For close to a year now, our world has been turned upside down by COVID-19. We have struggled to adjust to a new normal of wearing masks, working from home, virtual learning, and on-line shopping. Through the ups and downs, our pets have been an unchanging source of comfort, companionship, and joy. As part of Town and Country Animal Hospital’s commitment to our clients and their furry friends, we want to provide some information about COVID-19 and pets.

Pet-specific coronaviruses

It has long been known that pets can be affected by species-specific coronaviruses. A feline coronavirus infection can cause gastrointestinal (GI) or occasionally respiratory signs, or may lead to feline infectious peritonitis (FIP) if the cat mounts an immune response to a mutated virus form. FIP is a complex, often fatal disease characterized by thoracic (i.e., chest) or abdominal fluid accumulation, and/or damage to multiple organ systems. Dogs infected with the enteric canine coronavirus may experience mild vomiting and diarrhea. Canine respiratory coronavirus is a contributor to kennel cough complex, a highly contagious respiratory condition caused by a variety of viruses and bacteria. While canine and feline coronavirus can cause respiratory signs, note that these are not the virus that causes COVID-19.

Risk of pets contracting COVID-19

As the COVID-19 pandemic unfolds, researchers continue to learn more about animal species that could also be infected by the virus. A recently published study from the University of California, Davis, predicted the susceptibility of 410 species of birds, fish, reptiles, amphibians, and mammals to COVID-19. The study also indicated that when looking at pets or common livestock, cats, cattle, and sheep are in the medium-risk group, with dogs, pigs, and horses in the low-risk group. The American Veterinary Medical Association (AVMA) found that fewer than 20 confirmed cases of COVID-19 in pets were reported worldwide, compared with more than seven million human cases between January 1, 2020, and June 8, 2020. This demonstrated that pets can be infected, but the number of affected pets is extremely low compared to the number of affected people. The infected pets are thought to have contracted COVID-19 from a positive person, and positive pets are considered highly unlikely to have significantly contributed to the COVID-19 spread. Person-to-person transmission is still the main method of COVID-19 spread, so there is no reason to get rid of your pet because you are concerned they will give you COVID-19.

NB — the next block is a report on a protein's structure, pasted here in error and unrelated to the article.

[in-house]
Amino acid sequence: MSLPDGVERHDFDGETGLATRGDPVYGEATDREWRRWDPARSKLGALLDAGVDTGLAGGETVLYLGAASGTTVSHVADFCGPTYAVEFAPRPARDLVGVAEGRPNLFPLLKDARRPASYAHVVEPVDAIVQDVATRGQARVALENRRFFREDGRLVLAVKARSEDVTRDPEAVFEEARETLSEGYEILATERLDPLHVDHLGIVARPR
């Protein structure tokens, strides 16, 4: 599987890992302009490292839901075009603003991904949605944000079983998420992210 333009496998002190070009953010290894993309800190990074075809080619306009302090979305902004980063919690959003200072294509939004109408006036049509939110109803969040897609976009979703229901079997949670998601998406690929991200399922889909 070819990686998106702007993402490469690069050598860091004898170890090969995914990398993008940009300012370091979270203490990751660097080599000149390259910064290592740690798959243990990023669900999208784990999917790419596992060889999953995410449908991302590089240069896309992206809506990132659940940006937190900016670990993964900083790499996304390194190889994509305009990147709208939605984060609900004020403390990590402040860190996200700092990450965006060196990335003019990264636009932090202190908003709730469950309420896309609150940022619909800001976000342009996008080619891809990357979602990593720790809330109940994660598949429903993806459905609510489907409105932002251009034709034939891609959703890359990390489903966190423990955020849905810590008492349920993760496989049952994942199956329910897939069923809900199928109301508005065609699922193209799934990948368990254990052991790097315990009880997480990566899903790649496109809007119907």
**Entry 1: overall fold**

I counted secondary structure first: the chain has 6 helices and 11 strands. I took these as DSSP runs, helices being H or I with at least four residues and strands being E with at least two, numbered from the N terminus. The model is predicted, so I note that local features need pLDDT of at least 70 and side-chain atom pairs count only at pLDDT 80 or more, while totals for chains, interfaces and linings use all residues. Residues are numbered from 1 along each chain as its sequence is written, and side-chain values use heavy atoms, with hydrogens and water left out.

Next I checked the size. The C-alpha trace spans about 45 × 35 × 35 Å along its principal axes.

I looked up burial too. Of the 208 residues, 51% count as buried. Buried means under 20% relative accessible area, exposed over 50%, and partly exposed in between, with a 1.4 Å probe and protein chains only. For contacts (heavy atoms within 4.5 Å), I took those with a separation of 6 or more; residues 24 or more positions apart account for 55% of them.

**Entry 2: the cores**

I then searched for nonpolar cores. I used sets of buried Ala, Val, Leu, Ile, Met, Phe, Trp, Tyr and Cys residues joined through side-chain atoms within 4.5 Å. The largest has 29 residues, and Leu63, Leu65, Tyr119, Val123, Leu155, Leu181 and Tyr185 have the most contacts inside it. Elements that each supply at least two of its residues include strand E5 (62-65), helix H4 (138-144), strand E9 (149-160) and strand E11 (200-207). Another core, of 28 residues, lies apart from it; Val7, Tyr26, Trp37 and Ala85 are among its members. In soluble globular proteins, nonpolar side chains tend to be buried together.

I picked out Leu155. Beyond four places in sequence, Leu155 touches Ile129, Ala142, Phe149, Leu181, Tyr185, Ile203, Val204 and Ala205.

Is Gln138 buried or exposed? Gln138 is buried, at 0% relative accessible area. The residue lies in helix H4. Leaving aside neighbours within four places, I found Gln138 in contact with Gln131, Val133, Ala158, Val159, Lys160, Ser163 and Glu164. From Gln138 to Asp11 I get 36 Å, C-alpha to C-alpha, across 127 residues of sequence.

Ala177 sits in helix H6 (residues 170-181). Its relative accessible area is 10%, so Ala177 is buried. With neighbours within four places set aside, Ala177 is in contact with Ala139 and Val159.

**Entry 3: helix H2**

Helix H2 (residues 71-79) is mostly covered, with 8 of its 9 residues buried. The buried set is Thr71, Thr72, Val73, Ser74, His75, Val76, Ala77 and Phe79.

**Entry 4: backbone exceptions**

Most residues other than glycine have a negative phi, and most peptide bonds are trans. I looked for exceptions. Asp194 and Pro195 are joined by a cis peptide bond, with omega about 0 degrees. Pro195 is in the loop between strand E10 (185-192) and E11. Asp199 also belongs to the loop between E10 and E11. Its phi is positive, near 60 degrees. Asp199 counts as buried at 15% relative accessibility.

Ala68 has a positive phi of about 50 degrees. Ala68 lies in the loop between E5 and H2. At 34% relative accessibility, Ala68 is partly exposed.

Interactions between COVID-19-positive people and pets

If you test positive for COVID-19, another household member should care for your pet while you are sick, and you should refrain from snuggling, hugging, or kissing your pet or sharing food or bedding, since there is a small risk that your pet could contract COVID-19 from you. If no one else is available to care for your pet or you have a service animal, wear a mask when caring for them. Always practice good hygiene and hand washing whenever you interact with your pet, and especially if you have COVID-19. If your pet requires urgent medical care while you are ill, contact our Town and Country Animal Hospital team so we can determine the best course of action, and ask a friend or family member to transport your pet to our hospital. Thankfully, COVID-19 transmission on fur, leashes, blankets, or other porous surfaces is low-risk, as transmission occurs primarily through direct person-to-person contact. Secondary transmission from contaminated nonporous surfaces such as door knobs or countertops is also unlikely, so your friends or family members should be relatively safe to interact with your pet. 

COVID-19 testing of pets

Although COVID-19 pet testing is possible, pets are not routinely tested for the virus at this point. If your pet develops respiratory or GI signs, they more likely have an illness other than COVID-19. If our veterinarians rule out the common respiratory and GI diseases and suspect your pet could have COVID-19, we will work with local, state, or federal public health and animal health officials to determine the next steps. 

Our team’s response to COVID-19

For the safety of our team and pet owners, we continue to adhere to a curbside model, which means that a team member will transport your pet into the clinic for their examination while you remain in your vehicle. Our team will then contact you to discuss examination findings and any necessary next steps, so ensure you can be easily reached by phone. We understand that sending your pet into the clinic alone can be difficult, and promise that we continue to treat your pet with the utmost care, love, and respect. They will get as many cuddles and treats—if not more—as you have come to expect. We miss seeing your smiling faces and look forward to the time when we can interact in-person again, but in the meantime, rest assured that we are doing everything in our power to keep you, your pet, and our team members healthy and safe.

If you have any questions about COVID-19 and pets, or would like more details on our curbside protocols, don’t hesitate to contact our Town and Country Animal Hospital team.